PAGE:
PFAS Strategic Roadmap: Highlights and Expected Impacts
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In October 2021, the US Environmental Protection Agency (EPA) released their new strategy for regulating per- and polyfluoroalkyl substances (PFAS) in the United States. The PFAS Strategic Roadmap is a national blueprint setting out a range of actions and timelines to eliminate, monitor and remediate the compounds.
For over 20 years, the negative effects that PFAS can have on the environment and human health have been well documented. The Roadmap outlines the EPA’s commitment to addressing concerns for better safeguarding from the hazards PFAS present, by instating new policies and holding polluters accountable.
In this interview, Dr. Craig Butt, senior global staff scientist, food/environmental at SCIEX, discusses some of the highlights from the Roadmap and its expected impacts. Throughout his career, much of Dr. Butt’s research has focused on investigating PFAS, including studying their fates in humans and wildlife, understanding how they are transported to remote regions of the globe and developing new analytical methods.
Anna MacDonald (AM): How big of a problem are PFAS? What is driving a need for such a comprehensive strategy?
Craig Butt (CB): PFAS have been detected in nearly every single human from around the globe as well as in wildlife, including those from far away regions such the Canadian arctic and remote Pacific islands. Furthermore, they are frequently detected in the air we breathe, the water we drink and the soils that grow our food. They have been called “forever chemicals” because some PFAS chemicals will never breakdown in the natural environment. Health effect studies suggest that PFAS can impact the immune system and potentially cause cancer.
There are approximately 5000 different PFAS chemicals in commercial use, although the specific details are uncertain due to confidentially agreements. PFAS are a complex group of chemicals which comprise many different “classes”. For example, some PFAS breakdown relatively quickly in the environment but ultimately form PFAS chemicals which may stay in our bodies for three to five years and are extremely persistent in the environment.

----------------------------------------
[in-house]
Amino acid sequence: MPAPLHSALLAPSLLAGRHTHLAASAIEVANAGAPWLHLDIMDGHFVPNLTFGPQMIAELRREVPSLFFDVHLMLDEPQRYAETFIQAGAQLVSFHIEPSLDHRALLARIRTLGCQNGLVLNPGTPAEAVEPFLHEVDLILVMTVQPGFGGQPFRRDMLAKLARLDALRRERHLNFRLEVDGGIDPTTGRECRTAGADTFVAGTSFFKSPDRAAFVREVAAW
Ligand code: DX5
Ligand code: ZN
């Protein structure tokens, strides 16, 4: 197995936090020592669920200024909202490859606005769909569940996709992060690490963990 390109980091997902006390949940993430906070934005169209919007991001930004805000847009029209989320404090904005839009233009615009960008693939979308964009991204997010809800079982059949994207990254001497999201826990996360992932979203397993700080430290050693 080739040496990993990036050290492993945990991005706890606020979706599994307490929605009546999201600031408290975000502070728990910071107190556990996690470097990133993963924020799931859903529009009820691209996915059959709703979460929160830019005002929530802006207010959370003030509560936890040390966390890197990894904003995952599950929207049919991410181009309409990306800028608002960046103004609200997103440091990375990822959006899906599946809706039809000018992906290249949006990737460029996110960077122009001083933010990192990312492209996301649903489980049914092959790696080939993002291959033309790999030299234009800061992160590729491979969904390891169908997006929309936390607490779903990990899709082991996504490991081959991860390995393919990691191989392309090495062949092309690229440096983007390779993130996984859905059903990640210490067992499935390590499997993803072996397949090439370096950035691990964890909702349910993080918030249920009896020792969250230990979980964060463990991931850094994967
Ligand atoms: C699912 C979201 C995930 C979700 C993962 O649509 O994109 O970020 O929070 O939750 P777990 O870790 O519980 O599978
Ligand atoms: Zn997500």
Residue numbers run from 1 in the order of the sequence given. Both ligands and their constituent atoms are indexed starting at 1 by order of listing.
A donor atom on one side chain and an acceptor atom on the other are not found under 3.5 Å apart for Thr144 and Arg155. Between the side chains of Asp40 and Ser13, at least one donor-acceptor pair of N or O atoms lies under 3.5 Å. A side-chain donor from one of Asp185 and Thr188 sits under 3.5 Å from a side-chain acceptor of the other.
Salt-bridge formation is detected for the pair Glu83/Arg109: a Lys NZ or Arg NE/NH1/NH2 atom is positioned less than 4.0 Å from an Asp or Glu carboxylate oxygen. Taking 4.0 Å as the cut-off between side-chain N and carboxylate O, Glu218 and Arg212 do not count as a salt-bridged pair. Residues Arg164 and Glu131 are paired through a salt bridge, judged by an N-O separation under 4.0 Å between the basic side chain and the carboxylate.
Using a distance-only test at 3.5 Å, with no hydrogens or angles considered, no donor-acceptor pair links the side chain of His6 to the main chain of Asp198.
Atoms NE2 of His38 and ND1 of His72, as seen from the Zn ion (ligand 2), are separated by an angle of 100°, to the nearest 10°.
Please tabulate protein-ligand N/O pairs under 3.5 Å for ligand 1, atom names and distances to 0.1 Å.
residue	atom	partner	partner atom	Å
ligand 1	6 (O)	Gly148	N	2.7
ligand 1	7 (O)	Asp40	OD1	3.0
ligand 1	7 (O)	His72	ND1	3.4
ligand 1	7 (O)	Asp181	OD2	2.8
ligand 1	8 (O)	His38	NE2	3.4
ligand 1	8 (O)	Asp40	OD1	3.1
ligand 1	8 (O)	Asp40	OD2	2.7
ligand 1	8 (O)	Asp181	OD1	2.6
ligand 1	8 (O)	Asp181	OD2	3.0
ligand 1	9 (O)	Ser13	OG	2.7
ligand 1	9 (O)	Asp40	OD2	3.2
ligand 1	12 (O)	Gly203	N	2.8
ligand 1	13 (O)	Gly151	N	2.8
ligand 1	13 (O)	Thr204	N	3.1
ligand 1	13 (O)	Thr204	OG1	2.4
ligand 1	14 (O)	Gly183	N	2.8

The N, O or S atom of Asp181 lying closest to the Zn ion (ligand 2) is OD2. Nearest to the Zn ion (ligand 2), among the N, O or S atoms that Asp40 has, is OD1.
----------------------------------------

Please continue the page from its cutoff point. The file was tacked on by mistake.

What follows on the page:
PFAS have been manufactured since the 1950s but there is still a lot that we don’t know about where they come from, how they get into our bodies and what harm that they may cause. To answer these questions, we need a comprehensive strategy which targets the entire PFAS lifecycle.
AM: What are the key actions of this strategy? Can you provide us some high-level highlights?
CB: The new PFAS Strategic Roadmap is a bold, comprehensive, and ambitious plan and is framed around three main pillars: Research, Restrict and Remediate. It is unique from previous attempts by virtue of tackling the entire PFAS “lifecycle”, that is from PFAS production to commercial and industrial use to final disposal. There is also a strong scientifically based research aspect which will improve our understanding of key PFAS knowledge gaps. Finally, the Roadmap attempts to address so-called “environmental justice” social issues by prioritizing the protection of historically disadvantaged communities, which are those often most impacted by environmental contamination.
AM: How will this roadmap impact: a) food, b) environment and c) industry?
CB: The exact details are still uncertain, but the Strategic Roadmap does offer some insight. The commit to investigating the complete PFAS lifecycle includes elucidating the importance of various human exposure sources, including food and water consumption. Further, there is a significant focus on monitoring PFAS in fish tissues. While fish are directly consumed by many people, their PFAS levels can also serve as biomarkers for other wildlife as well as general environmental levels. It appears that water monitoring will continue to be a major testing focus. In addition, air monitoring will be strongly emphasized which is relevant for direct inhalation but also as potential sources to water, soils and crops. With respect to industrial impacts, the Roadmap focuses on controlling PFAS emissions from industrial discharges and holding polluters accountable for remediation.
Dr. Craig Butt was speaking to Anna MacDonald, Science Writer for Technology Networks.